University of Arkansas Walton College of Business economist Mervin Jebaraj says the doom and gloom expected in the second quarter lived up to its billing, and he warned more financial turmoil is in store without Congressional agreement on a new pandemic package.
Jebaraj, who is also director of the University of Arkansas Center for Business & Economic Research, said the second quarter U.S. GDP drop of 32.9% on a seasonally-adjusted annualized basis was as bad as advertised.
“I think if you were to look for any silver lining in any of this report was that we were fully expecting a horrible second-quarter report and we got a horrible second-quarter report,” he said during an interview on this week’s edition of Talk Business & Politics.
He noted that when you look quarter-to-quarter, U.S. GDP declined about 9.5%, which is in line with most Western economies. However, countries like Germany were more rigid in their response to the COVID-19 pandemic, and while their country saw a 10.5% quarterly GDP decline, they’re likely to see a faster recovery due to a more disciplined public health approach.
“In Germany, quarter to quarter, their economy declined about 10.5%, so slightly worse than us. But the key difference between Germany and the United States right now is that even though they might’ve traded about a percent worse in quarterly growth than we did, they’ve gotten far better control of the pandemic in their country, and therefore their third quarter and fourth quarter will obviously look a whole lot better,” Jebaraj said.
“[It] obviously will cost the government a lot less in stimulus to keep their economy going than here in the United States because they’ve gotten better control of the pandemic for the trade-off, which was a near 10% decline quarter-to-quarter in the economy,” he said.
Congress has stalled over a new pandemic relief package as Republicans and Democrats failed to agree on funding for local governments and extending unemployment benefits. President Donald Trump signed an executive action on Saturday (Aug. 8) to extend unemployment benefits, but at a lower rate than the $600 supplement that ended July 31. There is a question as to where the money will be appropriated for the action and there is speculation the order may not pass constitutional muster.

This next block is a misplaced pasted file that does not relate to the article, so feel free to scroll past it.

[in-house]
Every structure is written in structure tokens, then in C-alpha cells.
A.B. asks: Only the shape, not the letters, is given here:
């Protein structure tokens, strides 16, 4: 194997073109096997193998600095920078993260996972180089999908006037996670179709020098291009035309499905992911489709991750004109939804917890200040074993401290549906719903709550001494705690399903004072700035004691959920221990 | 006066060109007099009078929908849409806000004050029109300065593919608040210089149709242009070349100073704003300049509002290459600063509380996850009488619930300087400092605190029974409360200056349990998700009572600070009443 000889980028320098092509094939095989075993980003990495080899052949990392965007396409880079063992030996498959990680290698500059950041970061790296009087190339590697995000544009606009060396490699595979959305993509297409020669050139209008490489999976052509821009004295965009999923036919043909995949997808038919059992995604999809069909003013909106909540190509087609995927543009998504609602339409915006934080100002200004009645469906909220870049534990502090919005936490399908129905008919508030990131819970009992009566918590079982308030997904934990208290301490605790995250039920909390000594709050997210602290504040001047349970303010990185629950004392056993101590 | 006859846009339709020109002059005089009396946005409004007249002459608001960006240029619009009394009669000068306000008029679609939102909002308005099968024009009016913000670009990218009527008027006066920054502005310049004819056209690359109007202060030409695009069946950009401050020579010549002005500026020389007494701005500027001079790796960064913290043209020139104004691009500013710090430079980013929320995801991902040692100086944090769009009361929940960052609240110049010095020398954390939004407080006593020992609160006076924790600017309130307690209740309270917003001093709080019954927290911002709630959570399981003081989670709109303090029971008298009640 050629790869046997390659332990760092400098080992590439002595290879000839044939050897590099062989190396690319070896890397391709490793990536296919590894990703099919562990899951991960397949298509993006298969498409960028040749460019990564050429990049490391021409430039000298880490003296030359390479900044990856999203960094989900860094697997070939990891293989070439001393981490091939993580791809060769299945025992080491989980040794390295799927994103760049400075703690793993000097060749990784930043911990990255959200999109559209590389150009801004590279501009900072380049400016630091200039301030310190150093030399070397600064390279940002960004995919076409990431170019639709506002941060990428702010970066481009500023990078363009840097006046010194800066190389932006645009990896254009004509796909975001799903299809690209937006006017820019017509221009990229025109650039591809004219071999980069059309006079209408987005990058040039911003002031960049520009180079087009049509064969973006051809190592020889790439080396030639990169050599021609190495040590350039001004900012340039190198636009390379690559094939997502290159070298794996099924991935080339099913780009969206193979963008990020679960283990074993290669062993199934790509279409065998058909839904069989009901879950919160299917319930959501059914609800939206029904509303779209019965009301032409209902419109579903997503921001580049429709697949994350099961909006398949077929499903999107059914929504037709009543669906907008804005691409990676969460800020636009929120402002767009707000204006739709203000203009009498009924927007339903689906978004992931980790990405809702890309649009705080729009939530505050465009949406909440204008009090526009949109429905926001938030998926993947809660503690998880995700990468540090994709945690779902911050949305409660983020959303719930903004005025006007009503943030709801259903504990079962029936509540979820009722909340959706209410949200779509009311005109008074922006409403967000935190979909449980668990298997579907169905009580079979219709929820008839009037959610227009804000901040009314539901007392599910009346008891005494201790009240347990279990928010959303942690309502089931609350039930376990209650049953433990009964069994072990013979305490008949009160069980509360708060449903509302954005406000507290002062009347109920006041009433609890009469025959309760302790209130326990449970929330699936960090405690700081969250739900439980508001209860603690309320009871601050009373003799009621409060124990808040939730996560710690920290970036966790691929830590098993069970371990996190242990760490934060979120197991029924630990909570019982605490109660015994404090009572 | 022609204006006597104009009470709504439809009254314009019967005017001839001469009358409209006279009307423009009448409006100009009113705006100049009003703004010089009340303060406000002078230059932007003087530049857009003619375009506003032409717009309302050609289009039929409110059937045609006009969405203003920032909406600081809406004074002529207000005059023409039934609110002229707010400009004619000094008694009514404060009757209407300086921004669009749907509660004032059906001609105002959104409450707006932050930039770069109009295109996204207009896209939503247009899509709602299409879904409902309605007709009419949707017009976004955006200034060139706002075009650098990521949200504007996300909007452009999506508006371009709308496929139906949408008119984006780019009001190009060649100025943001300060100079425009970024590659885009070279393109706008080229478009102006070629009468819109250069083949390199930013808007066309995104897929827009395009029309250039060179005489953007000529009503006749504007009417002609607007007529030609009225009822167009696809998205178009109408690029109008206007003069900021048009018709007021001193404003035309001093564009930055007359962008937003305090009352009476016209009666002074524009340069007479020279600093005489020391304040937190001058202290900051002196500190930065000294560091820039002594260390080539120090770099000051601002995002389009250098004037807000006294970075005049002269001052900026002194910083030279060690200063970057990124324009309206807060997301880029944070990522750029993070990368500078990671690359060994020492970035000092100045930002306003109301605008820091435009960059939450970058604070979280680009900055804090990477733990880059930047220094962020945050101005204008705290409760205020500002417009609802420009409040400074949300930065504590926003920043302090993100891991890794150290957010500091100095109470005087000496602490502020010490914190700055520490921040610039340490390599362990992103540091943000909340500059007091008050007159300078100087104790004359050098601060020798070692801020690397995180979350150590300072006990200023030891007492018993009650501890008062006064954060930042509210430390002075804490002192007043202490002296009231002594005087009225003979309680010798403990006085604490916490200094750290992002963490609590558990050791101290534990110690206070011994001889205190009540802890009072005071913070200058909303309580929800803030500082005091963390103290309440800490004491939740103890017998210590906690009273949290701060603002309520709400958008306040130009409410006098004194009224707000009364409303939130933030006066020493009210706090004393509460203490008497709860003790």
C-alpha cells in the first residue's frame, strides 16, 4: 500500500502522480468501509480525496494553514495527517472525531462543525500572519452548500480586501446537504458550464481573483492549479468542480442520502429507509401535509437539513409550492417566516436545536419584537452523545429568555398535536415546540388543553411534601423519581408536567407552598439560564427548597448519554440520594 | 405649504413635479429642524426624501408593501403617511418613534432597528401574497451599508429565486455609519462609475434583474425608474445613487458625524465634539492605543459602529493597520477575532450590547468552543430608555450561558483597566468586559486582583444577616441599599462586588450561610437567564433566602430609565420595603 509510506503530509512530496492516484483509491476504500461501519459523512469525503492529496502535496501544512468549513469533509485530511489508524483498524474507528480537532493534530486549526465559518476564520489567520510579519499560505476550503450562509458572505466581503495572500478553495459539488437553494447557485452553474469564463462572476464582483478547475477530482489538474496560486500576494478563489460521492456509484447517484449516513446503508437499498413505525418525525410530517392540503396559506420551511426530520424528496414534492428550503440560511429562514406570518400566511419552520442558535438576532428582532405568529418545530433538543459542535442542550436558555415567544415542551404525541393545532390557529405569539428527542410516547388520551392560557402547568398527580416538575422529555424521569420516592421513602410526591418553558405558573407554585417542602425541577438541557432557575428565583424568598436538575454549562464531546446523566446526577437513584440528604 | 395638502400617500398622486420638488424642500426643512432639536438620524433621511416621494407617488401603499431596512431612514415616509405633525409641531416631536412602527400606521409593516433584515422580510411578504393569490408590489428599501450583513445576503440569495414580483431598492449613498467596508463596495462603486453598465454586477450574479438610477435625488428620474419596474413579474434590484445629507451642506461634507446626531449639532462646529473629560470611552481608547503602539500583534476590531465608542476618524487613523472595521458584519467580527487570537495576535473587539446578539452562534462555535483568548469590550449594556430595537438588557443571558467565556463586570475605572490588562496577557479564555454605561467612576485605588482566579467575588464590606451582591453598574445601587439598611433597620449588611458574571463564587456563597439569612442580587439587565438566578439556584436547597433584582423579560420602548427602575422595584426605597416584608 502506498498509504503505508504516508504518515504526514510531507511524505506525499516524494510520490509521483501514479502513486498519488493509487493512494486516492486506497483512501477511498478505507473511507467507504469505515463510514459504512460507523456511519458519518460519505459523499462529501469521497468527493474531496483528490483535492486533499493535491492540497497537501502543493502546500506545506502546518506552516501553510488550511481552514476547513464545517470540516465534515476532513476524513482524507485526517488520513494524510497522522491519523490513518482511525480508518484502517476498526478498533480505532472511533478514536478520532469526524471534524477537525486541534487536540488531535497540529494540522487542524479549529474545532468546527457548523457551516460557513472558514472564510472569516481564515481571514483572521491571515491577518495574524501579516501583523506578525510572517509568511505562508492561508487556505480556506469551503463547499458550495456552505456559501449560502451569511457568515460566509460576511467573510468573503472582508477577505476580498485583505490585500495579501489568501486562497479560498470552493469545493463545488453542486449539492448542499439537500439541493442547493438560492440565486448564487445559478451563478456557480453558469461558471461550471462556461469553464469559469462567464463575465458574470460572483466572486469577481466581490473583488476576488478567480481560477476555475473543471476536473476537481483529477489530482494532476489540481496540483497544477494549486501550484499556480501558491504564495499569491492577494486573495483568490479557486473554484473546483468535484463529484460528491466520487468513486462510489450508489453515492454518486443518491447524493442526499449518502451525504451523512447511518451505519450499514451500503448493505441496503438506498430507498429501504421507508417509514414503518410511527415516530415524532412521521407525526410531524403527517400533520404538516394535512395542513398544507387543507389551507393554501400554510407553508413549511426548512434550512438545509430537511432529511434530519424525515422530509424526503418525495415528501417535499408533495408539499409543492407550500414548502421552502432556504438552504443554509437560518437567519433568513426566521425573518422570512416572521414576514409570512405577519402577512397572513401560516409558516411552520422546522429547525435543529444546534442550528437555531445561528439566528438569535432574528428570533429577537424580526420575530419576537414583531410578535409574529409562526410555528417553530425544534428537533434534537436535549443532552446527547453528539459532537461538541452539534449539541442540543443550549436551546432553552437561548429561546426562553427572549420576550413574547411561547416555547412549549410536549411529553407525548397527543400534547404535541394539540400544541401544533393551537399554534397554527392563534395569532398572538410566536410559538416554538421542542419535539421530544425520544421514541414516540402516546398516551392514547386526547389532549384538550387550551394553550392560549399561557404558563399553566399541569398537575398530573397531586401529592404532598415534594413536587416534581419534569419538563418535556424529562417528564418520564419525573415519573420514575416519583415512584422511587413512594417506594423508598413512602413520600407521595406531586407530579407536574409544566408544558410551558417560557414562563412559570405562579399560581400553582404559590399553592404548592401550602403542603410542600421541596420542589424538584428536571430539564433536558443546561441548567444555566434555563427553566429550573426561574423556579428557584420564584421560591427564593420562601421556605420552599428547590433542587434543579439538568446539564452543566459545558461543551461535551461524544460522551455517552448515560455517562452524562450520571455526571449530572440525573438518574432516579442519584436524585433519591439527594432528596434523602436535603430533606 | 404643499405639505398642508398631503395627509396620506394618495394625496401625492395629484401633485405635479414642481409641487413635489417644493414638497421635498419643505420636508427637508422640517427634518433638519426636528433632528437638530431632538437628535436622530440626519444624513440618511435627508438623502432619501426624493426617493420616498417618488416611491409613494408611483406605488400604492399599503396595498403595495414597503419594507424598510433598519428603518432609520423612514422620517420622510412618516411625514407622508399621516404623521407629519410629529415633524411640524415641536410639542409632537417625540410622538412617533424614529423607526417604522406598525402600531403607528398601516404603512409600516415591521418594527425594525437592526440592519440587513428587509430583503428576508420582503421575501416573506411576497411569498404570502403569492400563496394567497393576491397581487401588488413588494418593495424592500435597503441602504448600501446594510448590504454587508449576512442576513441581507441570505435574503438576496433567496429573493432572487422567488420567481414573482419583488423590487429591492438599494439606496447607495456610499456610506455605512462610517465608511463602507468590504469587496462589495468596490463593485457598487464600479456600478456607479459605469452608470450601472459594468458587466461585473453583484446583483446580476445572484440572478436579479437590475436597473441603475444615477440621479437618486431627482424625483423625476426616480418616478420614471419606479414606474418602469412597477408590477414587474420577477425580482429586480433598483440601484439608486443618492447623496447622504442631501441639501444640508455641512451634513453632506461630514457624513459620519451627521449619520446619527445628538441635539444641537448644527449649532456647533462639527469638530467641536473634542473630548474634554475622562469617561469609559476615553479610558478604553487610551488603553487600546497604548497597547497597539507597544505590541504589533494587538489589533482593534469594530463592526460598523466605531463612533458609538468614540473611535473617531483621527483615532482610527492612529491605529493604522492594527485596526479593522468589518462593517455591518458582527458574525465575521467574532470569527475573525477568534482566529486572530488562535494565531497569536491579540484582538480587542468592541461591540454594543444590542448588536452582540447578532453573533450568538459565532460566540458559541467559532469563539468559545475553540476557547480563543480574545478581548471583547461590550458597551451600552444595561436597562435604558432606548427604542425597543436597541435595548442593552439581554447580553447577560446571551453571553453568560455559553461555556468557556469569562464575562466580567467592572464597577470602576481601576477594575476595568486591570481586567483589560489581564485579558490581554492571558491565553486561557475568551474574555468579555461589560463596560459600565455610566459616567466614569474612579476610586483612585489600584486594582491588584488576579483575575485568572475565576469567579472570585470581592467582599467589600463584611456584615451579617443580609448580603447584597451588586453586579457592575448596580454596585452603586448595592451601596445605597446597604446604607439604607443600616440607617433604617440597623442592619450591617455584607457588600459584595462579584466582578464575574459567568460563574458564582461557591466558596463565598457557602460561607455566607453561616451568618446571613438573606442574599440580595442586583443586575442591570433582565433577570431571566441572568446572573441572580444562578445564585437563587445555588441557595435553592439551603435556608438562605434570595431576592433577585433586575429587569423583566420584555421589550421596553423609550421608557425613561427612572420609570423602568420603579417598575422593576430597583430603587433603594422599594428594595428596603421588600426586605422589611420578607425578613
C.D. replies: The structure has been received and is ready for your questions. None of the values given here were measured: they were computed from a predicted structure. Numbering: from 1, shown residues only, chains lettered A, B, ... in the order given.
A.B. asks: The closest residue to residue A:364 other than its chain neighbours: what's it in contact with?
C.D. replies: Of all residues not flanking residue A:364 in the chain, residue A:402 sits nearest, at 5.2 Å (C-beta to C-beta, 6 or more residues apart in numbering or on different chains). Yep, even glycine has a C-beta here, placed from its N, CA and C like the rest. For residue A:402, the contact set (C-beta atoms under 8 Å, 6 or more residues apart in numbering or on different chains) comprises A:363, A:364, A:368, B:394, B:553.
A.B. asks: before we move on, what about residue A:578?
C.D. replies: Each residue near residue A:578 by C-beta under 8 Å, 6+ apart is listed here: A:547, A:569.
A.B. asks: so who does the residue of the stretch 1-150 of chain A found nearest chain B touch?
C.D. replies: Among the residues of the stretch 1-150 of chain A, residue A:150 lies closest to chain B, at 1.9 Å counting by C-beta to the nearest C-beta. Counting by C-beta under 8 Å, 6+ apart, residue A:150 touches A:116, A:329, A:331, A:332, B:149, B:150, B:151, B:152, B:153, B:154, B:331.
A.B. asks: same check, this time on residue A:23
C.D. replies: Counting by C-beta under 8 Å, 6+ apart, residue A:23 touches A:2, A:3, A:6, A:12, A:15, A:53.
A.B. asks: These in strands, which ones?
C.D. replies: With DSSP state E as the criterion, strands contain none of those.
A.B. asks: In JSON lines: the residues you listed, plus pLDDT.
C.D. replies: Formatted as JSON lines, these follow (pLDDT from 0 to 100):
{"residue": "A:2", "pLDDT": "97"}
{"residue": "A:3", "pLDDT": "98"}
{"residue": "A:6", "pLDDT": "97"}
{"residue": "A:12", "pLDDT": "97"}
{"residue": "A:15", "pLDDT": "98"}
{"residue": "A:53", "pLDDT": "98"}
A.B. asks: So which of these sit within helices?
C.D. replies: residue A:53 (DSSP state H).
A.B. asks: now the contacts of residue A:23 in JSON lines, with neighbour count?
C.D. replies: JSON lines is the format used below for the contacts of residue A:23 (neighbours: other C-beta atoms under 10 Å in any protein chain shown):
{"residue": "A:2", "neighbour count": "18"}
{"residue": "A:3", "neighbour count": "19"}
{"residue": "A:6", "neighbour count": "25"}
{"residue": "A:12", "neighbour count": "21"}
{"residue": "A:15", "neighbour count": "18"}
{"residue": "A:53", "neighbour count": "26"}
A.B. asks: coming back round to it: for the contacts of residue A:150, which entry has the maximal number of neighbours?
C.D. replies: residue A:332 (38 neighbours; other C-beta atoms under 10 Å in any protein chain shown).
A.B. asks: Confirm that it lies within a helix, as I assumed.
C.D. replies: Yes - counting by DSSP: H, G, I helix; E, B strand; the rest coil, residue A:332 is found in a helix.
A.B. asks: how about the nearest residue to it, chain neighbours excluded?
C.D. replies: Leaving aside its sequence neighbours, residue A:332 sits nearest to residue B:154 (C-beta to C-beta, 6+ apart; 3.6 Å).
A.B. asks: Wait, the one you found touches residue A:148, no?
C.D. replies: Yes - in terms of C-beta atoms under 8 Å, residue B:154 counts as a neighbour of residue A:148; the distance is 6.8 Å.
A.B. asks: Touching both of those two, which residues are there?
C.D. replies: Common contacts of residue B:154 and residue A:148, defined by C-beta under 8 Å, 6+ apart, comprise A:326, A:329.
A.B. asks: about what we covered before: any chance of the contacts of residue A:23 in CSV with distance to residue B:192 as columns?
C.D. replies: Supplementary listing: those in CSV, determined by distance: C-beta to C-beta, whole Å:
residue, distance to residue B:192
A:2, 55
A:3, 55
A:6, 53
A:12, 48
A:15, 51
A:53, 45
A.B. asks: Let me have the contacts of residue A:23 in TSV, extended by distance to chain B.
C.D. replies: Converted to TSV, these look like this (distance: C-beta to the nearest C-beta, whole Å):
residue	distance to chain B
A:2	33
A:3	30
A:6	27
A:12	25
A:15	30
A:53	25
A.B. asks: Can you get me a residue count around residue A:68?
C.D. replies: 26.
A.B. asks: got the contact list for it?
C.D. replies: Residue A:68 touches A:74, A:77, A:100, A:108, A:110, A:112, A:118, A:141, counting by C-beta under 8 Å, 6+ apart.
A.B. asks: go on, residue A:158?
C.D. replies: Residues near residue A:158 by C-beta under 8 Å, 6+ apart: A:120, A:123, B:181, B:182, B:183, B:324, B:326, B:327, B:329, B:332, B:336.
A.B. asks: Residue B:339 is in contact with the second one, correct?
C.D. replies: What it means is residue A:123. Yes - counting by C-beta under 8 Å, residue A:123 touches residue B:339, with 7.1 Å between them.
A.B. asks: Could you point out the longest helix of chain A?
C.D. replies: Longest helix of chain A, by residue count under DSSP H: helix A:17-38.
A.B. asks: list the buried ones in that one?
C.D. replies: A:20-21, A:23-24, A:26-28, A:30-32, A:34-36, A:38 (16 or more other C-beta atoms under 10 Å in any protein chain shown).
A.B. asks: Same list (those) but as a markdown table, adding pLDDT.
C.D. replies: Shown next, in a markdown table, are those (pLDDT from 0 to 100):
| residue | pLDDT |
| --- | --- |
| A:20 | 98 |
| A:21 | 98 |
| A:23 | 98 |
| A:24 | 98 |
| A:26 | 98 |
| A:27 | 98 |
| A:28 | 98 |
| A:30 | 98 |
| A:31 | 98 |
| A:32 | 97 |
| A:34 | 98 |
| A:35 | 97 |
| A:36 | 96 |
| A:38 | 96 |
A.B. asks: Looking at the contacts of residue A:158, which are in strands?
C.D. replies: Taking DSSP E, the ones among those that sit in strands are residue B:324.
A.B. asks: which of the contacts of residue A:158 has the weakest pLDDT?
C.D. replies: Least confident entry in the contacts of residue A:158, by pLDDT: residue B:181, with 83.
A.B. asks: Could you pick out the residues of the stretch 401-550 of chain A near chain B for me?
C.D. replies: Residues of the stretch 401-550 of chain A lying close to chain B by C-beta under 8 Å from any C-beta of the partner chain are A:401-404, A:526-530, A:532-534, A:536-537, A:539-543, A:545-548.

Jebaraj said the $600 unemployment benefit supplement that ended July 31 after months of stimulating the economy was very effective in keeping the economy from cratering further. He said anecdotes that the supplement disincentivized workers to return to jobs may not sync with actual data and logic.
“We’ve seen several studies come out that indicate that, on aggregate, the unemployment boost – the $600-per-week additional unemployment boost – has not been a work disincentive. In fact, of all the people that went back to work in May and in June, 70% of them were on unemployment benefits, making more on employment benefits than they made at their jobs that they returned to in May and June,” he said.
“When you consider why workers might go back to work and give up their unemployment boost, there’s a couple of reasons. One is because if your employer calls you back and you refuse to go, in most cases, your unemployment benefits get cut off. Secondly, even if there are some exceptions around there, workers would rather have the permanence of a job than the temporary benefit of an unemployment benefit that they know will expire at some point,” he added.
While jobs are slowly adding back into the U.S. economy, they are not nearly coming back to the levels before the pandemic-led wipeout jobs in April, when 20.5 million jobs were shed. Jebaraj said the Paycheck Protection Program (PPP), which is set to expire, has propped up some job returns, but consumer demand is still dictating the speed of a jobs recovery.
“At the end of the day, the reason why the unemployment rate is as high as it is to this day is because there simply aren’t jobs coming back. We’ve lost millions of jobs. We’ve made back a small portion of them again, in large part because of the PPP loans, a lot of which expires, again, in the end of July or in a couple of weeks, and those workers are coming back off the company’s payroll. So, the unemployment rate is probably going to tick up some more, and all of that is going to be in this environment where there’s uncertainty about where unemployment benefits are going,” he said.
Jebaraj warned that going a month with fewer jobless benefits – and therefore less stimulus – could have a catastrophic effect on the economy.
“Even if Congress today decided to extend unemployment benefits, it’ll be a week or more before they can actually extend those unemployment benefits. And a one-month cutoff in unemployment benefits will reduce the size of the U.S. economy by about 4.3%, at least the consumer side of it, which would equal the entire decline in consumption spending during the last recession. That’s how significant the unemployment boost has been for the economy,” he said.
Watch Jebaraj’s full interview in the video below.